When it comes to getting healthy — losing weight and getting fit and strong — you’re probably thinking of the visual benefits: “I’ll fit into smaller clothes! No more belly pooch! I’ll finally have muscles!”
But the benefits don’t stop there. No matter how far away your “After” feels, regular exercise and losing weight — even a small amount — can positively impact your overall health and well-being.
You may notice changes in your sleep patterns, energy levels, and even your mood, just to name a few. So, if you’re ever tempted to throw in the towel, keep these benefits front of mind:
1. Better Sleep
Sleep and weight loss have a mutually beneficial relationship. Losing weight and being more active can help you sleep better. In turn, getting more sleep can help you fight cravings and keep your hunger hormones in check. It can also help boost your willpower so you’ll be ready to get out there and do it all over again tomorrow.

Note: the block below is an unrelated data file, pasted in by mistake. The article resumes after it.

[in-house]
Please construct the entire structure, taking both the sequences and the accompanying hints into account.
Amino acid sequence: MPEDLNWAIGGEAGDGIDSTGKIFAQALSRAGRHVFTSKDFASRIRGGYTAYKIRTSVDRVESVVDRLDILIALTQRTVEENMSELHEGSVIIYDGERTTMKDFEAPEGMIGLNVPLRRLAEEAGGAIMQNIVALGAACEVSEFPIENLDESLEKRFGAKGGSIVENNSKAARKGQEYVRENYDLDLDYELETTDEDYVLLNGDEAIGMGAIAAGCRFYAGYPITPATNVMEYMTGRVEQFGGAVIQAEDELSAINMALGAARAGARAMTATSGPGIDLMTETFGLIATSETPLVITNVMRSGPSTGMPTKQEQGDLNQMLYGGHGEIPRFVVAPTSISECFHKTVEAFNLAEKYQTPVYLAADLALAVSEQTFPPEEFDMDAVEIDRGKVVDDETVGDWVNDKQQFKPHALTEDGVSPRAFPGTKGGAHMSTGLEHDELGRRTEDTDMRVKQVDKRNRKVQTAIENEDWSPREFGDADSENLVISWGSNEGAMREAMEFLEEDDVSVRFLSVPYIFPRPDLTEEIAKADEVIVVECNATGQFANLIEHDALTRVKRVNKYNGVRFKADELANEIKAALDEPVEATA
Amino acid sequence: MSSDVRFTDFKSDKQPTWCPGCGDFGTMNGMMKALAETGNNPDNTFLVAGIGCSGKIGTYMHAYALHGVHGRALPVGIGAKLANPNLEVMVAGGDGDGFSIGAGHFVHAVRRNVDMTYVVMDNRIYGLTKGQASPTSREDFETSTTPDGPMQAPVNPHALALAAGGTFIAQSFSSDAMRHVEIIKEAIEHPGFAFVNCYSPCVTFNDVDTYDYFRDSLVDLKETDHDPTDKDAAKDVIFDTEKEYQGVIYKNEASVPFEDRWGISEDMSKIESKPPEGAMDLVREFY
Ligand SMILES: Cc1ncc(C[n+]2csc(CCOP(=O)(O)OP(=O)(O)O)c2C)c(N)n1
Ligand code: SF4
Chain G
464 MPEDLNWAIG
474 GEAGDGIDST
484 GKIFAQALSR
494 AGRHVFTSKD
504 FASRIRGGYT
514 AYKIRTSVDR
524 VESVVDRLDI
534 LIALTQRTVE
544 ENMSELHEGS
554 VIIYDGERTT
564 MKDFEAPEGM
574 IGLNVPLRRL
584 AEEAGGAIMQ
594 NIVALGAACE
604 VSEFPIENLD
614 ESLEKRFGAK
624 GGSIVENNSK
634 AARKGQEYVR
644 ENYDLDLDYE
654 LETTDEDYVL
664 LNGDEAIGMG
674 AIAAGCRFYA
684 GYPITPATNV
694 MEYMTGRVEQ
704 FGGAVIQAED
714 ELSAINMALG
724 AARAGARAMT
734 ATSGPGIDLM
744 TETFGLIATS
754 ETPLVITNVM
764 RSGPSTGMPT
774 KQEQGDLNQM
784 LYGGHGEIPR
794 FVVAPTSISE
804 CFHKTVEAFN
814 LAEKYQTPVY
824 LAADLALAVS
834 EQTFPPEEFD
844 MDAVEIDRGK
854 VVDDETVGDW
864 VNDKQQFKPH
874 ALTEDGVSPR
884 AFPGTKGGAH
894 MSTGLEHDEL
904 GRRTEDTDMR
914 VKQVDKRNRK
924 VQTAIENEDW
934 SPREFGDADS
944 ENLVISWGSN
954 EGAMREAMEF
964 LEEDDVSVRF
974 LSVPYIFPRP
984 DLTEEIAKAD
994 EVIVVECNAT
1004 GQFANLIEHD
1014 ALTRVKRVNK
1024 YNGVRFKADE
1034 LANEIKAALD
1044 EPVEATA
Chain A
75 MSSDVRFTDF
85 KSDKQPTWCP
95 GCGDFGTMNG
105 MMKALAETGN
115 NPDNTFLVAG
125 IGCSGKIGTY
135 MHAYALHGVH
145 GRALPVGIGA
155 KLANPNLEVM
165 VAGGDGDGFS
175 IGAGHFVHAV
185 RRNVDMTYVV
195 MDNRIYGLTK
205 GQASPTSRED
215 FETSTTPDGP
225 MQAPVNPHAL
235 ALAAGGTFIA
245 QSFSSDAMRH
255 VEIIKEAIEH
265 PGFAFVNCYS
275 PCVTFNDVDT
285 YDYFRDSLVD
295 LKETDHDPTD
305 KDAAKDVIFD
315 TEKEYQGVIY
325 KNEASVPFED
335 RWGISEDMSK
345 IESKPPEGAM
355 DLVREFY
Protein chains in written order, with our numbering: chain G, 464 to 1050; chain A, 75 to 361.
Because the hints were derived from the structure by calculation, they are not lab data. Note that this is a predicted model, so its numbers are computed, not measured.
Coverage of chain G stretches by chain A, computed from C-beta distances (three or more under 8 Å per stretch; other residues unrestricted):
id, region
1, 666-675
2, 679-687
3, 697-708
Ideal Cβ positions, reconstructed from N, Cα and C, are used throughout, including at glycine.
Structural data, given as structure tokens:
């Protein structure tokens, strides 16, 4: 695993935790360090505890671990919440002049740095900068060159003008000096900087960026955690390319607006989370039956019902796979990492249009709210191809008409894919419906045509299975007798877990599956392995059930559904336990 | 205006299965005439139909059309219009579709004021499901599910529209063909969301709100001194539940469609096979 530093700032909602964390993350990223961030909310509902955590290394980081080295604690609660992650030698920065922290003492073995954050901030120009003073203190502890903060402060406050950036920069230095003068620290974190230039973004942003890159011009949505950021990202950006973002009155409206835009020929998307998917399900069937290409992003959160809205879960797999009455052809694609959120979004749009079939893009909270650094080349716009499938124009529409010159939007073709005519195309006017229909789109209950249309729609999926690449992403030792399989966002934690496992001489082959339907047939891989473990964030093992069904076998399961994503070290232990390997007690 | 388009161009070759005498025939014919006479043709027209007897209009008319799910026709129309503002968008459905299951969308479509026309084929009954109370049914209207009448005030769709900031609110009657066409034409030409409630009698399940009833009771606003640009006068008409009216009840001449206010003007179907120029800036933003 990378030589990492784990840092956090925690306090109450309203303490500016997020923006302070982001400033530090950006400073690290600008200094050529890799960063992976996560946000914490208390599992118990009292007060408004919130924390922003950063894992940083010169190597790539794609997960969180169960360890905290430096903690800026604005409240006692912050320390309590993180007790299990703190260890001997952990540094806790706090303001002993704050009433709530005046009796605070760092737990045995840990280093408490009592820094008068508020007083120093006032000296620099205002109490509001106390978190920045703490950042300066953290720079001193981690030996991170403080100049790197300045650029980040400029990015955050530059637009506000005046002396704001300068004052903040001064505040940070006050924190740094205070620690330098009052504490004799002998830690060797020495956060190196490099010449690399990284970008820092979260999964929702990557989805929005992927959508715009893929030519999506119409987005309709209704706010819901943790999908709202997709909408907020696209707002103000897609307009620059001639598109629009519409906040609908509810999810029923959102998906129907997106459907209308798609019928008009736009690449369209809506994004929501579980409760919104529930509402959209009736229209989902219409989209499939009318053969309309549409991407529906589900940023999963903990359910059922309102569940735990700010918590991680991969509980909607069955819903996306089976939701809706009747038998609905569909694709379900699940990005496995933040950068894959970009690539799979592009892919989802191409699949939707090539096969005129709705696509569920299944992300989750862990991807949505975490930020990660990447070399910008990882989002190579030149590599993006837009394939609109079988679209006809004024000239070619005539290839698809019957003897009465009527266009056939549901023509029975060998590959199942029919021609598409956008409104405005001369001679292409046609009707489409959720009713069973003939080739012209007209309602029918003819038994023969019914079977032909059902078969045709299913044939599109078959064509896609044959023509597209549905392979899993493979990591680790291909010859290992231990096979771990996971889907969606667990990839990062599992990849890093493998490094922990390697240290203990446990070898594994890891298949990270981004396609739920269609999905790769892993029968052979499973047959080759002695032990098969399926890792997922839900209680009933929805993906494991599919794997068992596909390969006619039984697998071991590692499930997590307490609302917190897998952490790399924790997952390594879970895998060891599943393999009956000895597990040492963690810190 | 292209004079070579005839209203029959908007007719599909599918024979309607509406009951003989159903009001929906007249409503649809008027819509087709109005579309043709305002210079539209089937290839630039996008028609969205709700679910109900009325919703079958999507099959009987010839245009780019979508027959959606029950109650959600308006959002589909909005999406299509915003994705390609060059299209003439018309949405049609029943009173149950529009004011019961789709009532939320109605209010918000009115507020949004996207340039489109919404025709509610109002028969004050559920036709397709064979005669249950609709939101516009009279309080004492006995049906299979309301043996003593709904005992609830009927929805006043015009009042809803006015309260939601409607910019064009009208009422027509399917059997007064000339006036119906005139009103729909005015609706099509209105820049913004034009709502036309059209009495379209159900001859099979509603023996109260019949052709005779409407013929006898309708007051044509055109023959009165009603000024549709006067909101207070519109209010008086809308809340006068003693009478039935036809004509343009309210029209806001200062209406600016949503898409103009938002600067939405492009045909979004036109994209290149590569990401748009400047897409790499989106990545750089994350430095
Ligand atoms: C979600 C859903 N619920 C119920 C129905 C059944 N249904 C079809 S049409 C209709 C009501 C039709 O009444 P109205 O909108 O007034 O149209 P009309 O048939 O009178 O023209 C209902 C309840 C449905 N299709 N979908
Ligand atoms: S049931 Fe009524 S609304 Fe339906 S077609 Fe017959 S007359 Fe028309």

Lack of sleep is all too common — more than a third of American adults regularly get less than seven hours — and skimping on sleep is linked to all kinds of long-term health issues.
“Poor sleep leads to fatigue, which decreases motivation to exercise and resist overeating, which leads to more weight gain or at least failure to lose weight,” says Patricia Salber, M.D. and editor-in-chief of The Doctor Weighs In.
Bottom line: Getting healthy and fit can help you sleep better, which can then kick off a cascade of healthy decisions and actions throughout your day.
2. Less Stress
Collective stress levels are rising, and it affects our work life as well as our physical health, according to the 2015 Stress in America survey.